Weekly Malaysian Palm Oil Futures

Weekly Chicago Soybean Oil Futures

Weekly Canola Futures:

Cotton: Futures were a little lower last week as a tropical system formed in the Gulf of Mexico and missed Cotton production in the Southeast and Delta for the most part. The storm brought heavy rains and a lot of damage, but mostly away from Cotton areas. Bolls are opening and fiber could be damaged. Texas growing areas were away from the storm and were not affected. The demand is expected to be strong from Asian countries as world economies recover from Covid lockdowns. Analysts say the demand is still very strong and likely to hold at high levels for the future. However, the expansion of the Delta variant has given pause to the better demand ideas due to fears of economies here and around the world starting to partially lockdown again. Production ideas are being impacted in just about all areas due to the weather extremes. It has been very hot in parts of Texas and the Delta and Southeast have had drenching rains at various times in the last couple of months. 

Weekly US Cotton Futures

Frozen Concentrated Orange Juice and Citrus: FCOJ closed near unchanged last week as Hurricane Ida came onshore in Louisiana. The storm missed all of Florida but some buying was appearing just in case. Two more tropical systems have formed in the Atlantic now but both appear headed well north of the state. Temperatures are now at or above seasonal averages in Brazil after a freeze a few weeks ago. Weather conditions in Florida are rated mostly good for the crops with scattered showers and near-normal temperatures. Mexican crop conditions in central and southern areas are called good with rains, but earlier dry weather might have hurt production. Northeastern Mexico areas are too dry, but the rest of northern and western Mexico are rated in good condition. 

Weekly FCOJ Futures

Coffee: New York and London closed higher last week and chart patterns remain mostly up.  London was the stronger market again as New York closed near the lows of the week. London is having trouble sourcing Coffee from Vietnam due to a shortage of containers to carry the Coffee out of the country. Prices in New York have stayed firm as the current Brazil harvest starts to wind down with smaller production. Brazil forecasts call for above-normal temperatures for at least the next week, but the damage from the freeze a couple of weeks ago is easy to see. The dry weather is helping to keep the flowers from appearing. It is flowering time for the next crop. Some trees were killed and will have to be replaced. The current outlook calls for 10 days of dry weather which will not support the flowering but will keep the harvest active.  Improved showers are now in the forecast for Southeast Asia. Good conditions are reported in northern South America and good conditions reported in Central America.  Colombia is having trouble exporting Coffee due to protests inside the country. Conditions are reported to be generally good in parts of Africa, but Ivory Coast and Ghana have been a little dry.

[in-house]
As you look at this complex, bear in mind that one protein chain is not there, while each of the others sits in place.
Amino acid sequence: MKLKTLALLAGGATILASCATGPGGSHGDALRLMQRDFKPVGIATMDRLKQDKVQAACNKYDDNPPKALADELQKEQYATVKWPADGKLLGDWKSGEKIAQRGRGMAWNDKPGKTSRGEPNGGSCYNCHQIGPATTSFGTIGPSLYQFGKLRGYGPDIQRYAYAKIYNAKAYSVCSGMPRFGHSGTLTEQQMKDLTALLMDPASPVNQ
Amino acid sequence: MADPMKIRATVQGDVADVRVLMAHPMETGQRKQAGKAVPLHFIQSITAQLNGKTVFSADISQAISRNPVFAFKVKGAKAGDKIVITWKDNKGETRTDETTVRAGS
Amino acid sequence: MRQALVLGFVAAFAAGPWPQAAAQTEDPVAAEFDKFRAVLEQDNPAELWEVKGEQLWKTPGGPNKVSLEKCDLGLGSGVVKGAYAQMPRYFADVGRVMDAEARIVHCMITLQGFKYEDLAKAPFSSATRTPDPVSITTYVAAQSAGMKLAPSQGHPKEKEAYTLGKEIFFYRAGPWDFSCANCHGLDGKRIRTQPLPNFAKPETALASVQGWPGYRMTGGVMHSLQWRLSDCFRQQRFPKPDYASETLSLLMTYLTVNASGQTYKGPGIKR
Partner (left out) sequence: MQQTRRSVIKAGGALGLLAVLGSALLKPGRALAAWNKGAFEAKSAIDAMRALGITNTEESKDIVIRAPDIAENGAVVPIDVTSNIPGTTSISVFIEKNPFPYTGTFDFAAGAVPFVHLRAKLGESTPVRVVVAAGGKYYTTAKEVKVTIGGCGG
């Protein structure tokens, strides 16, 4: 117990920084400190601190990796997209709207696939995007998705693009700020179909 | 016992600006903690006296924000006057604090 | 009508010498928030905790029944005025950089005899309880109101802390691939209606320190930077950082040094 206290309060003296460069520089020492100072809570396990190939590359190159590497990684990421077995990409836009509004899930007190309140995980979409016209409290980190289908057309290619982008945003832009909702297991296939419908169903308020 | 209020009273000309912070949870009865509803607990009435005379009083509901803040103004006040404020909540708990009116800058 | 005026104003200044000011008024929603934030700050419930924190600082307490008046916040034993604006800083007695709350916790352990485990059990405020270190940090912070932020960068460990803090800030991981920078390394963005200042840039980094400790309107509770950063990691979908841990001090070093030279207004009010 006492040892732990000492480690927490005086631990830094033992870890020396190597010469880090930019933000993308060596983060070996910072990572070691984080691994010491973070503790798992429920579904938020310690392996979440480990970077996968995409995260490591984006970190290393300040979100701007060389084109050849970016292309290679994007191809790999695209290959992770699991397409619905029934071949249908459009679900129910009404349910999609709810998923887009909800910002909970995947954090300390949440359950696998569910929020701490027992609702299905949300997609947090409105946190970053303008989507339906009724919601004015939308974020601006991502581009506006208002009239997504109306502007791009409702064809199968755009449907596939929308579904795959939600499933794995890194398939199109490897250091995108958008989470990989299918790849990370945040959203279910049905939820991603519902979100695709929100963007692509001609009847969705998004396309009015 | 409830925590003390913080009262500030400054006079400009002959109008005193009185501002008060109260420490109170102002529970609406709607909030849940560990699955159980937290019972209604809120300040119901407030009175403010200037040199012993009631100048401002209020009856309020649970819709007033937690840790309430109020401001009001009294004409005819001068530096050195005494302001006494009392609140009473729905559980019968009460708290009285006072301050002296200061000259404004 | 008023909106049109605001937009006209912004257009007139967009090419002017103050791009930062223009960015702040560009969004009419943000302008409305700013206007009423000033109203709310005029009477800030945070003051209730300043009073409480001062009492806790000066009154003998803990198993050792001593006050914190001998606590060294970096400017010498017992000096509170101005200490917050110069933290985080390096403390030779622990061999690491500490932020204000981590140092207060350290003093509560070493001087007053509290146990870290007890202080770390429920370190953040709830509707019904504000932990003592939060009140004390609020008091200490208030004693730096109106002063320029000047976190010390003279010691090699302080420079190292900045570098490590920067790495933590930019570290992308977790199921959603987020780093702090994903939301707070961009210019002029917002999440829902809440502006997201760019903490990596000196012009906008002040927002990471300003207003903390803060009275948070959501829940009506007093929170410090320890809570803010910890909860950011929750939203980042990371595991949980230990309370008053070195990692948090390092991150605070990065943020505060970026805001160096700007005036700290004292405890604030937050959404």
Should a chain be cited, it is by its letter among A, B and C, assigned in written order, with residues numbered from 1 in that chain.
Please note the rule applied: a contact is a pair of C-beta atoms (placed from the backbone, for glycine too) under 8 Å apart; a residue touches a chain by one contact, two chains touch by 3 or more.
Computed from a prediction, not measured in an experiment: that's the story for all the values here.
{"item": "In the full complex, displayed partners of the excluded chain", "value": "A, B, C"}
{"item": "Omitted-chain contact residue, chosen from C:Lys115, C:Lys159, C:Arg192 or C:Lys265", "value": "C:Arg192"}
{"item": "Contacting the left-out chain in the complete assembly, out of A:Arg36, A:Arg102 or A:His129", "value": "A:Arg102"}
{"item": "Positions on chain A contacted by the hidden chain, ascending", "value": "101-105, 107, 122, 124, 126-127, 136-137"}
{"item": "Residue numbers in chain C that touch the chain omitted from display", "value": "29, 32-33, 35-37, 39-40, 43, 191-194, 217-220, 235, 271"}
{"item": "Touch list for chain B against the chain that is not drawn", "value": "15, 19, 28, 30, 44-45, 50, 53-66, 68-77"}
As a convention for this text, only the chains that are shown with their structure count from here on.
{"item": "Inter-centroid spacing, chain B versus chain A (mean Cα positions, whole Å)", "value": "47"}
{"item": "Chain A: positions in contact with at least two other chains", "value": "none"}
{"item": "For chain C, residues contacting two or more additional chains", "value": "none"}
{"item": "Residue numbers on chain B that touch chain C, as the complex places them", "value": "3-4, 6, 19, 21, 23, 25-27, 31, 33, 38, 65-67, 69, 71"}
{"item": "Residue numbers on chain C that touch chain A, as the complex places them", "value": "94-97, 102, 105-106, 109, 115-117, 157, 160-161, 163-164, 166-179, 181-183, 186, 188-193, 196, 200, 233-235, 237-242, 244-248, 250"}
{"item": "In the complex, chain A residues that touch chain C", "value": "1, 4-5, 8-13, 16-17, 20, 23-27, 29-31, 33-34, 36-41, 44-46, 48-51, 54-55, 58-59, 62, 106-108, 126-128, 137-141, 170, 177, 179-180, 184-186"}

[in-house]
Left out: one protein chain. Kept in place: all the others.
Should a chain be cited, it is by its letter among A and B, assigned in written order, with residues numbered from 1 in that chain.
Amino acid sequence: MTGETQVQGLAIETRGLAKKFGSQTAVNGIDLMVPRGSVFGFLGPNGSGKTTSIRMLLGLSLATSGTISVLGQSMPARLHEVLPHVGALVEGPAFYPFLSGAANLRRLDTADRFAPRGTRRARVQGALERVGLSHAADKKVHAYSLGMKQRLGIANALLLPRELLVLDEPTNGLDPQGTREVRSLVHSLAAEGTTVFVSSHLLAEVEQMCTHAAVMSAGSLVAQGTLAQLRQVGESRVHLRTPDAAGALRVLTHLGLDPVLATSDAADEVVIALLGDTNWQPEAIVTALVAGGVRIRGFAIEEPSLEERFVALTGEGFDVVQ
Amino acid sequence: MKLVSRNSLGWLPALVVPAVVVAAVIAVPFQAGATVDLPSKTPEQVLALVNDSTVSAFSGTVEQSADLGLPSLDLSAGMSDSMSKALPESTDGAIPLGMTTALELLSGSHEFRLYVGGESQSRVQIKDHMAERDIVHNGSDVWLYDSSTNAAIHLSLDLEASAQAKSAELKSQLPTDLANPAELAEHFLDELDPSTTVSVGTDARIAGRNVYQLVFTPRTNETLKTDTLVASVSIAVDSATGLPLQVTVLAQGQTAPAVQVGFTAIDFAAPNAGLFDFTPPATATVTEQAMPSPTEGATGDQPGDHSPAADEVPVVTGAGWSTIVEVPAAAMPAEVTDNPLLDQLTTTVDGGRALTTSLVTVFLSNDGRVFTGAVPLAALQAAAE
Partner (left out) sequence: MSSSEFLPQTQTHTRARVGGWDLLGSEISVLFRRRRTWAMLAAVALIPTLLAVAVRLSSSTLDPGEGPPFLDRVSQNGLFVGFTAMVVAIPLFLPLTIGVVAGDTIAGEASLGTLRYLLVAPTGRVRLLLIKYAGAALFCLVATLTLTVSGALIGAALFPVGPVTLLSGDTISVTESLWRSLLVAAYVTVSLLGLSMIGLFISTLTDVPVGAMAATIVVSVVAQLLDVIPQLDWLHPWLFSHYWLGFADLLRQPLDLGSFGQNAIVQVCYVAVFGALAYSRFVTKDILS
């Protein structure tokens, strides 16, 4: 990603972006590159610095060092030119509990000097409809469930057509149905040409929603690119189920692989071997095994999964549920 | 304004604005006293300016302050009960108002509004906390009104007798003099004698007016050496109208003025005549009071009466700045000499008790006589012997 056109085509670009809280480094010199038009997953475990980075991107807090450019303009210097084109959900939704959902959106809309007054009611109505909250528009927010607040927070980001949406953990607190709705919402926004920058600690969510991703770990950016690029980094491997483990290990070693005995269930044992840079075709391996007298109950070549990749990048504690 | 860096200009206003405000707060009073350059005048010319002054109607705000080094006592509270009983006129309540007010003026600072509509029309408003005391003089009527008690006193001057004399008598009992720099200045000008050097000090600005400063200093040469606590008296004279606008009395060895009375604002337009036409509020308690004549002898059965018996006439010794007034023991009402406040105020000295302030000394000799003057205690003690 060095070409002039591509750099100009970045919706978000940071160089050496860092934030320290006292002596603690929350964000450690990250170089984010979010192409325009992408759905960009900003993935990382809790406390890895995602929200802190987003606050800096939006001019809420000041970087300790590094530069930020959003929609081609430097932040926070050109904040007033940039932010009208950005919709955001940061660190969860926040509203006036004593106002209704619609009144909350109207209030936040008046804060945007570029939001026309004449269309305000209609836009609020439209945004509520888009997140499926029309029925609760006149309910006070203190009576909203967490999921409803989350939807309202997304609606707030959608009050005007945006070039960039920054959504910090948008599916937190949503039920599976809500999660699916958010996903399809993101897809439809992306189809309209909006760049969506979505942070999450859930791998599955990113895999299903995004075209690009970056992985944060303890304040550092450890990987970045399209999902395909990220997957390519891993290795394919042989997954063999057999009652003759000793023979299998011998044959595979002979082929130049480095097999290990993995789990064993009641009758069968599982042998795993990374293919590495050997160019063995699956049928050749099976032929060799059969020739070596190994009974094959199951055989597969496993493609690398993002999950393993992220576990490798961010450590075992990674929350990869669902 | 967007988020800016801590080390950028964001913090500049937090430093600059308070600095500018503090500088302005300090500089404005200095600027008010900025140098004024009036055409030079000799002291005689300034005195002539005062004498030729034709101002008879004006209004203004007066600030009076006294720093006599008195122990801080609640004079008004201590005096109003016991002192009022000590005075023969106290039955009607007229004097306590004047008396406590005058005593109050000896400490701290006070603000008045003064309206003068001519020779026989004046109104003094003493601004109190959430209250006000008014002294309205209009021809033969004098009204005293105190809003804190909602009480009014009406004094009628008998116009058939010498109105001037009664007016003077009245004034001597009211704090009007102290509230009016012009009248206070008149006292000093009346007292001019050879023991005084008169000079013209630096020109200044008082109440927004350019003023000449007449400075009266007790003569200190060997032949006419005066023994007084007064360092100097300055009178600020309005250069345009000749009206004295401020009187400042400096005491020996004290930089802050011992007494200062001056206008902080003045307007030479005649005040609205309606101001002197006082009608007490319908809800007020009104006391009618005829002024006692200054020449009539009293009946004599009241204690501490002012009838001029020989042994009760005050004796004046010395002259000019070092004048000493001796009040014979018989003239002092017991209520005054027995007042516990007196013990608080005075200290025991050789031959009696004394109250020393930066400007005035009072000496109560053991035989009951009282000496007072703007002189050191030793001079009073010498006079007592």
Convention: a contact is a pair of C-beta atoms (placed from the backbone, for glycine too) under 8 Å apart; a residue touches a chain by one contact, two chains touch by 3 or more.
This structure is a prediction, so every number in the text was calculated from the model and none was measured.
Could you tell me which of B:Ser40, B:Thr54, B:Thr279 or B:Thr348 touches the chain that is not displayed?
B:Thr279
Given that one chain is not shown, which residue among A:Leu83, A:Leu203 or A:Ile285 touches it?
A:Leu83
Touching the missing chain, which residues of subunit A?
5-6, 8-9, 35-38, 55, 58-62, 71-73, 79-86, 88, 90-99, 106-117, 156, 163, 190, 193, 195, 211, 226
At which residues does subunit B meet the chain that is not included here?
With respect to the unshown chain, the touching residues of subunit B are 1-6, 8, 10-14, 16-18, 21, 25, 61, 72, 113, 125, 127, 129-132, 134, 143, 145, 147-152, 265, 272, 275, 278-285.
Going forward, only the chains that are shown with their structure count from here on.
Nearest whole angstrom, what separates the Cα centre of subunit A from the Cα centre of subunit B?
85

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Weekly New York Arabica Coffee Futures

Weekly London Robusta Coffee Futures

Sugar: New York and London were a little lower last week as the reduced production potential from Brazil is still impacting the market. Ideas are that India can supply the missing Sugar, but the ISO has noted that this will be the second year of deficit production. Demand for Sugar has been weaker. Ideas are that the Brazil freeze hit one million hectares of Sugar area and that the world will have a deficit production for the coming year. Consumption of Sugar remains on the light side.  Fears that the Covid is returning and could reduce economic activity and demand held sway. The market is still working through a short supply. The freeze and drought damage is there in Brazil as industry sources have said to expect a short season for processing. There is little White Sugar left in India for the export market but monsoon rains are promoting good conditions for the next crop. Thailand is expecting improved production.  Ethanol prices are now below parity with Sugar so the interest in producing more Sugar should be increasing. 

Weekly New York World Raw Sugar Futures

Weekly London White Sugar Futures

Cocoa: New York and London closed a little higher last week. Buying came from speculators. Ivory Coast has stopped selling for the next crop on fears of less supplies. The grind data was released recently and showed a strong recovery from the Covid times. World economies are starting to reopen after Covid and the open economies are giving demand the boost. The weather has had below-normal rains in West Africa and crop conditions are rated good for now but there is concern about the lack of rain.  Some are forecasting less production in the coming year.

Weekly New York Cocoa Futures

Weekly London Cocoa Futures

(Featured image by Yulya Korban via Unsplash)

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Jack Scoville is a futures market analyst specializing in grains, softs, rice, oilseeds, and tropical products such as coffee and sugar. In addition to writing daily market commentaries in both English and Spanish, he offers brokerage services to an international clientele of agricultural producers, processors, exporters, and other professional traders. He is regularly quoted by major wire services including Dow Jones, AP, and Reuters. His comments are sourced by newspapers around the world and on various radio and television programs.